Screenshot of About Place Journal's Strange Wests call for submissions flyer
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Deadline: March 10, 2024
The American West invokes a fraught mythology of whiteness, masculinity, and uninhabited terrain. Our next issue invites you to consider and reimagine all things West. Send us your prose, poetry, and visual art that conceives of the West beyond its conventional and colonialized framework to help us decenter traditional subjects and propagandized histories of this region. View flyer and visit website to learn more.

Want early access to our eLitPak flyers? Subscribe to our weekly newsletter! You can also support NewPages with a paid subscription and get early access to the majority submission opportunities, upcoming events, and more before they are posted to our site.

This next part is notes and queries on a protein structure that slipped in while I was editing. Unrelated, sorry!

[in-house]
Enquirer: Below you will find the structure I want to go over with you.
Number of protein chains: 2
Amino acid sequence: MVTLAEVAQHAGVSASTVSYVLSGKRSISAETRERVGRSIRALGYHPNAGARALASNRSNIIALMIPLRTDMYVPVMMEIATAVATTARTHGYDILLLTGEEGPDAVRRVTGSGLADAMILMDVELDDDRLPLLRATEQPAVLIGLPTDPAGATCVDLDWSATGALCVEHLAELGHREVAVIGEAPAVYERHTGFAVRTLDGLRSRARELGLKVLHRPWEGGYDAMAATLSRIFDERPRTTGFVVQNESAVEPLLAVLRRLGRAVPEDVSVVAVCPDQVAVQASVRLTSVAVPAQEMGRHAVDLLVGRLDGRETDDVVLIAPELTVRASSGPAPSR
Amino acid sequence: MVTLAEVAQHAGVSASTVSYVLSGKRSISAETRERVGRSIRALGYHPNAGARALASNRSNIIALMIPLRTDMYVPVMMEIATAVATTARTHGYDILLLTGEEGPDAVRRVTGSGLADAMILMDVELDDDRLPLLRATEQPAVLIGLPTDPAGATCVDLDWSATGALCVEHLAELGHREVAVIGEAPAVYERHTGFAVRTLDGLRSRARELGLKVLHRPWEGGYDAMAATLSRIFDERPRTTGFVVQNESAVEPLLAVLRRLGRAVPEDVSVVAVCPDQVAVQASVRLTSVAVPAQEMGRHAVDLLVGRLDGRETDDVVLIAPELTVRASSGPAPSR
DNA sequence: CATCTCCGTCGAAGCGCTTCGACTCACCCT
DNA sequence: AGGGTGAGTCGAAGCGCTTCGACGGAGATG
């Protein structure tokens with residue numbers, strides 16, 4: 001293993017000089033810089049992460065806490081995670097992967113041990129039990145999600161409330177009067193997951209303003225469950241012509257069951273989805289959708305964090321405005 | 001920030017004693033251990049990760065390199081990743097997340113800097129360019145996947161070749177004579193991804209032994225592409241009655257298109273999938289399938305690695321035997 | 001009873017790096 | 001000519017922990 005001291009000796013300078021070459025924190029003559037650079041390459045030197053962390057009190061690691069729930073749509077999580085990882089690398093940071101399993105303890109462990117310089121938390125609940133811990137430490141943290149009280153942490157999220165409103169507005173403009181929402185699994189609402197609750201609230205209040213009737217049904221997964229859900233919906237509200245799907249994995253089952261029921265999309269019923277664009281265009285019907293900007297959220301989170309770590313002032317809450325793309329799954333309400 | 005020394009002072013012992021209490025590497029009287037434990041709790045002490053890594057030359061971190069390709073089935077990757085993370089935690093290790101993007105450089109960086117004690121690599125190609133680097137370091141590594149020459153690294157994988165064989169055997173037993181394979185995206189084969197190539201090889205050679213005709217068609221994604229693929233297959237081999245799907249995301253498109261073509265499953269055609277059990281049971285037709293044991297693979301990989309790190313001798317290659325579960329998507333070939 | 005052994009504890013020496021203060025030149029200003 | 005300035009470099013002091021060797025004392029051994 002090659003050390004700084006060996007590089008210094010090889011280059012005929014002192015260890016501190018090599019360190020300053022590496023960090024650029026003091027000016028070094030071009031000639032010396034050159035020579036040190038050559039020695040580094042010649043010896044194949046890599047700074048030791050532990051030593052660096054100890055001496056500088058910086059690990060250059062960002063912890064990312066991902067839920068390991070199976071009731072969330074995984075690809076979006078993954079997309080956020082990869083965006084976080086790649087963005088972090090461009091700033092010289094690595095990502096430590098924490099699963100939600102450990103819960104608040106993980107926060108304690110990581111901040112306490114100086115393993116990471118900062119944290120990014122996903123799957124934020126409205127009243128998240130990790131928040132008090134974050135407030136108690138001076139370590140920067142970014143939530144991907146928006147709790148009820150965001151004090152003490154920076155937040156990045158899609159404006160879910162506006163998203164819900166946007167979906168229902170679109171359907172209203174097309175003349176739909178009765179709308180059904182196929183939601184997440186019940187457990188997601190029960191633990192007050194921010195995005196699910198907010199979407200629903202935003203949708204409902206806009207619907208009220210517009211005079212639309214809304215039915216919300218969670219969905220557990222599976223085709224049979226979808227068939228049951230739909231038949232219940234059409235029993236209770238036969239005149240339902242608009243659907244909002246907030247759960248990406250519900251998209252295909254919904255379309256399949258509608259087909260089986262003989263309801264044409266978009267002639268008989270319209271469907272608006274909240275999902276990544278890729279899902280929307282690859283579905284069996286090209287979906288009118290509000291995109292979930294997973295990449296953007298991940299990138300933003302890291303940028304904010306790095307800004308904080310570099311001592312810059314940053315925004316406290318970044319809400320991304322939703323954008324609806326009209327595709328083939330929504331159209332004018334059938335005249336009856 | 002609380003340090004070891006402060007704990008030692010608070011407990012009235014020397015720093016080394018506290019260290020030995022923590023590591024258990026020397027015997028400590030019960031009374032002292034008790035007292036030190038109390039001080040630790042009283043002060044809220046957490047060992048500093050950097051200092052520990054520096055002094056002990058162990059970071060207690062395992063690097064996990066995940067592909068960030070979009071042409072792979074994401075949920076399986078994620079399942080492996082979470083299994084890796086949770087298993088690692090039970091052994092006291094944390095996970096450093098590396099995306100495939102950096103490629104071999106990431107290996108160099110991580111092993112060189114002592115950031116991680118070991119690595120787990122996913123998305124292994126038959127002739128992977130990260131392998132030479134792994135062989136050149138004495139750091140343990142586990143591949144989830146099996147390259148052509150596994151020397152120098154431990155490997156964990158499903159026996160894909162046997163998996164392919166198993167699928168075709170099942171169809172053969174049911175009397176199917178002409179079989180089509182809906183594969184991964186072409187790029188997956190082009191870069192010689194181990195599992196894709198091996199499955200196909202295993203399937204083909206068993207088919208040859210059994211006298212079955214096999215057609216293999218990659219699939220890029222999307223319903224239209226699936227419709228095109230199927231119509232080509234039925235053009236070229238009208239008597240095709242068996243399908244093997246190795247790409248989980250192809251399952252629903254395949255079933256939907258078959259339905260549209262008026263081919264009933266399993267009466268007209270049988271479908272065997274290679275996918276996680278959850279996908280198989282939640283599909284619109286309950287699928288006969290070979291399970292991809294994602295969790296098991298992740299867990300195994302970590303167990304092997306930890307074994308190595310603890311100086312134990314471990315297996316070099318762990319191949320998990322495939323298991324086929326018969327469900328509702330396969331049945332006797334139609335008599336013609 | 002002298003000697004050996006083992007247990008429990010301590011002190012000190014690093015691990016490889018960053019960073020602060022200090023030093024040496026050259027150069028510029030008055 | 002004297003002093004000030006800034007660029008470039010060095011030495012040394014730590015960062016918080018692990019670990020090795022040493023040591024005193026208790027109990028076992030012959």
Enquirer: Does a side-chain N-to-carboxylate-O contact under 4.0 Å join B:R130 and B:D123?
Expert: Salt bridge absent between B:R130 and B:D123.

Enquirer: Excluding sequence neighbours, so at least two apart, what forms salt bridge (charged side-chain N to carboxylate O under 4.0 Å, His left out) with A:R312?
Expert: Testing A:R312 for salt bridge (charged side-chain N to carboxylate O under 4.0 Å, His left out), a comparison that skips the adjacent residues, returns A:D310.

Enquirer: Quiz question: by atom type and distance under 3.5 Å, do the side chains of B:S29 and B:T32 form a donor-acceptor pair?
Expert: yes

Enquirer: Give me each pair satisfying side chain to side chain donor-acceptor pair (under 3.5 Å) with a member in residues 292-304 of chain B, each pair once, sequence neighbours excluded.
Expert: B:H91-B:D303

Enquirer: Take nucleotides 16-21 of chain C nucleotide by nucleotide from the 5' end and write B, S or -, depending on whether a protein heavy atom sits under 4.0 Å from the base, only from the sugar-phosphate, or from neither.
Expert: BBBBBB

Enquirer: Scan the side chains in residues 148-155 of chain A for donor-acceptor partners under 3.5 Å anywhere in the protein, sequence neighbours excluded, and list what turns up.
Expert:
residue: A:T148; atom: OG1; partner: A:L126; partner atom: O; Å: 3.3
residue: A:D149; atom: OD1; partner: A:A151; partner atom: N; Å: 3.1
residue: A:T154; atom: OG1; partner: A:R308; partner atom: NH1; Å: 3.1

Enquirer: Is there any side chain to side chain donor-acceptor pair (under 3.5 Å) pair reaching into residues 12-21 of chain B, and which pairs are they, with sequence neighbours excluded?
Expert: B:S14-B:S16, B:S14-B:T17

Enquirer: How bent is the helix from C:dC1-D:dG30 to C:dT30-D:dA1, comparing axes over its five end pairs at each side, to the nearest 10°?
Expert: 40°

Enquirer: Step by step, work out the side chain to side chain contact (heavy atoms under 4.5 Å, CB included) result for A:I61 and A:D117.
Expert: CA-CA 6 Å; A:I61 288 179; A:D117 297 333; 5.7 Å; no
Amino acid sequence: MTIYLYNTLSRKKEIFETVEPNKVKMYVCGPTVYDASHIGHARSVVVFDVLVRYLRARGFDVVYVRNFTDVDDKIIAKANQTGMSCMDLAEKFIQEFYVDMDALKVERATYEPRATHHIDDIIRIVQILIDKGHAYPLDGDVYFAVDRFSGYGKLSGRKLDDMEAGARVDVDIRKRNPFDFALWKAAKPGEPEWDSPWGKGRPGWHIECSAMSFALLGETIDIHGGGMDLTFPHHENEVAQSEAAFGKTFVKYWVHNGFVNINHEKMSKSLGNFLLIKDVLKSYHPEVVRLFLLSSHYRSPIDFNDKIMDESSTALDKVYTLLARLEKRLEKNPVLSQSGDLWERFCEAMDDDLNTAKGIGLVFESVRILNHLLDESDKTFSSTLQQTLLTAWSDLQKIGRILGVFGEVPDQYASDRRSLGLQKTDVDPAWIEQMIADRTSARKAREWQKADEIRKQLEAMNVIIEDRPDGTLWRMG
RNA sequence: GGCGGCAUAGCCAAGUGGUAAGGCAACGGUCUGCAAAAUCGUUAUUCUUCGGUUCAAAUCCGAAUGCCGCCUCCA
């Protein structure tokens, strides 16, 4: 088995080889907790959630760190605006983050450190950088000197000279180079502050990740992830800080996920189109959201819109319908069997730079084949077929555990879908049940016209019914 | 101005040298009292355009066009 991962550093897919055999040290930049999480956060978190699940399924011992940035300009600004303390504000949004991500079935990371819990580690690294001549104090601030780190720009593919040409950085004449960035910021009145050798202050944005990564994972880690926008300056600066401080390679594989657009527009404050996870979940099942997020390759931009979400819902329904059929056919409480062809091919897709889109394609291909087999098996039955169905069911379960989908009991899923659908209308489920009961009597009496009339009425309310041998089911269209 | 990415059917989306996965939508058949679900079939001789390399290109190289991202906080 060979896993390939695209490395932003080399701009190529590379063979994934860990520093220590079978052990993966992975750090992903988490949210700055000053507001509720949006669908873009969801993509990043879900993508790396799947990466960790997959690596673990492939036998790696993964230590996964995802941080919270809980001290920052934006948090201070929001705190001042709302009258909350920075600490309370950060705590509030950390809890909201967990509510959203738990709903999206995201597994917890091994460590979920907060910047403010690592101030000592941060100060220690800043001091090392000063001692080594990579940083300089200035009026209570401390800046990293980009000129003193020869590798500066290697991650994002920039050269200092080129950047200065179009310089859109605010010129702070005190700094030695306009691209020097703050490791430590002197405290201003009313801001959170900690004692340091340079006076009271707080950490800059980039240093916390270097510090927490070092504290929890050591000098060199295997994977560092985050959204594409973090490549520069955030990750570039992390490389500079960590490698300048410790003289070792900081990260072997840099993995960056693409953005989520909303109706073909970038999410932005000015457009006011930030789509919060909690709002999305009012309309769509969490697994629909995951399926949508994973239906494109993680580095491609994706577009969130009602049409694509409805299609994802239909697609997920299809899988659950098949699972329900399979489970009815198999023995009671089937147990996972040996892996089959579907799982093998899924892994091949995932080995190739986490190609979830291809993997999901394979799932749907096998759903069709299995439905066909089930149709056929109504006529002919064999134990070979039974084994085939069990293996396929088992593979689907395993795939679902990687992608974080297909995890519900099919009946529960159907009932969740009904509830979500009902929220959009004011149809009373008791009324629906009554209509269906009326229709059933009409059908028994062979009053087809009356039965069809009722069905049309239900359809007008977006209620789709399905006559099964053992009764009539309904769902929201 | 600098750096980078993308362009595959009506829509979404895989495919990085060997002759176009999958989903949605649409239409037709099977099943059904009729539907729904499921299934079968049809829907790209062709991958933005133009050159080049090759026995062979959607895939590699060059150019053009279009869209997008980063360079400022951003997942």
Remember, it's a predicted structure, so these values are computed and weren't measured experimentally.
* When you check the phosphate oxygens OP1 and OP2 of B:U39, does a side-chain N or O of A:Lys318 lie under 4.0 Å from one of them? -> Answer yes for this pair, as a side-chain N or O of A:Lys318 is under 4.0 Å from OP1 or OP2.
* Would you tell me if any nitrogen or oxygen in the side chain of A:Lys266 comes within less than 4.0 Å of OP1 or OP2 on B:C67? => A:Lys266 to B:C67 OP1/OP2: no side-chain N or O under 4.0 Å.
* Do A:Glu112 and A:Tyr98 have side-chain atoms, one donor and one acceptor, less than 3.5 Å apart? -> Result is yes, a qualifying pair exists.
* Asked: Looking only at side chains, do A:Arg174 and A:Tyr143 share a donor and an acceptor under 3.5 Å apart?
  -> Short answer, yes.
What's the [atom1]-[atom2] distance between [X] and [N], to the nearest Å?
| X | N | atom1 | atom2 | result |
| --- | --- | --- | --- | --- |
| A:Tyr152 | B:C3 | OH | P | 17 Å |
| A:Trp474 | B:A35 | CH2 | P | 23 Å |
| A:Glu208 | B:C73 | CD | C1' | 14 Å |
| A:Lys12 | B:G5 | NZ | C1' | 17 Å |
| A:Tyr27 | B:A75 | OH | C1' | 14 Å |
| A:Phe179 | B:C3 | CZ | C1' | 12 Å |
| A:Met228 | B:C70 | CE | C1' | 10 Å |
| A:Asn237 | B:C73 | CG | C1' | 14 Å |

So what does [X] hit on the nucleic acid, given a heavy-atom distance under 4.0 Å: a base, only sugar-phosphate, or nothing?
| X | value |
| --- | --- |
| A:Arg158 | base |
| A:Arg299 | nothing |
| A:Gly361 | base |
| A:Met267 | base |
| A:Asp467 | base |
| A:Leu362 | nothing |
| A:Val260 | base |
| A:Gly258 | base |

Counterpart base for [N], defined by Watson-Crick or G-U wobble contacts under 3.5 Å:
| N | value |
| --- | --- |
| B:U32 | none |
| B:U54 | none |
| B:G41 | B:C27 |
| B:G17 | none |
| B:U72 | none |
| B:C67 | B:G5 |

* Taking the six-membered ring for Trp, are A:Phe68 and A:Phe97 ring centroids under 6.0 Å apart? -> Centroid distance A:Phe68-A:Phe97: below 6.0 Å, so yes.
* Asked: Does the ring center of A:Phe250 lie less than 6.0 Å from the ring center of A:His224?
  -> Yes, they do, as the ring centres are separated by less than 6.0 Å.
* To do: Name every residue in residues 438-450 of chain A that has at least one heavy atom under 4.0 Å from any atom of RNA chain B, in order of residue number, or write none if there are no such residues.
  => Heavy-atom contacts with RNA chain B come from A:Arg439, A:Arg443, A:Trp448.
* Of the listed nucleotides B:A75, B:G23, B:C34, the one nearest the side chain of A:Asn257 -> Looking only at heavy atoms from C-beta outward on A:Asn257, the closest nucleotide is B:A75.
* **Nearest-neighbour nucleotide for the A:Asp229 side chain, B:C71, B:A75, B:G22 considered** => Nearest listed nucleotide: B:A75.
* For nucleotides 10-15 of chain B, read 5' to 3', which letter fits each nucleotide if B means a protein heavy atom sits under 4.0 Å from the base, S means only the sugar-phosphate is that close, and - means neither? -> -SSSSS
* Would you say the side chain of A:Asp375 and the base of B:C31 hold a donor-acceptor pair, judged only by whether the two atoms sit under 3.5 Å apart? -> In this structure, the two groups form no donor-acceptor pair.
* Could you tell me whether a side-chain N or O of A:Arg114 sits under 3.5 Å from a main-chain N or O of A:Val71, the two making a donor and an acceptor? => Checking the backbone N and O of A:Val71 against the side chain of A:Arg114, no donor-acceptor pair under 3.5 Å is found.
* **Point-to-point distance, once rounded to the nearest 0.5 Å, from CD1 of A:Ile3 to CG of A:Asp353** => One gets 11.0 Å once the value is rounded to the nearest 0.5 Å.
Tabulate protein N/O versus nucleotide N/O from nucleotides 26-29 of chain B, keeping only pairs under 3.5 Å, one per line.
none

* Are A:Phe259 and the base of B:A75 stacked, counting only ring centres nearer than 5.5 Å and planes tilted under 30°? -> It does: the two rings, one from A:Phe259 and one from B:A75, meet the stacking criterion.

Interested in advertising in the eLitPak? Learn more here.

January 2024 eLitPak :: Publish Your Poetry Collection!

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Deadline: March 15, 2024
Every year since 2012, Trio House Press has published the winners of the Trio Award for a First or Second Book of Poetry and the Louise Bogan Open Award in Poetry. Send us your manuscript and you could join our long list of talented and award-winning poets. Prize includes $1,000, publication, author copies, and marketing/publicity. Join us at Trio House! View our flyer or visit www.triohousepress.org to learn more.

Want early access to our eLitPak flyers? Subscribe to our weekly newsletter! You can also support NewPages with a paid subscription and get early access to the majority submission opportunities, upcoming events, and more before they are posted to our site.

Interested in advertising in the eLitPak? Learn more here.

January 2024 eLitPak :: Hindsight Journal Accepting Submissions Now!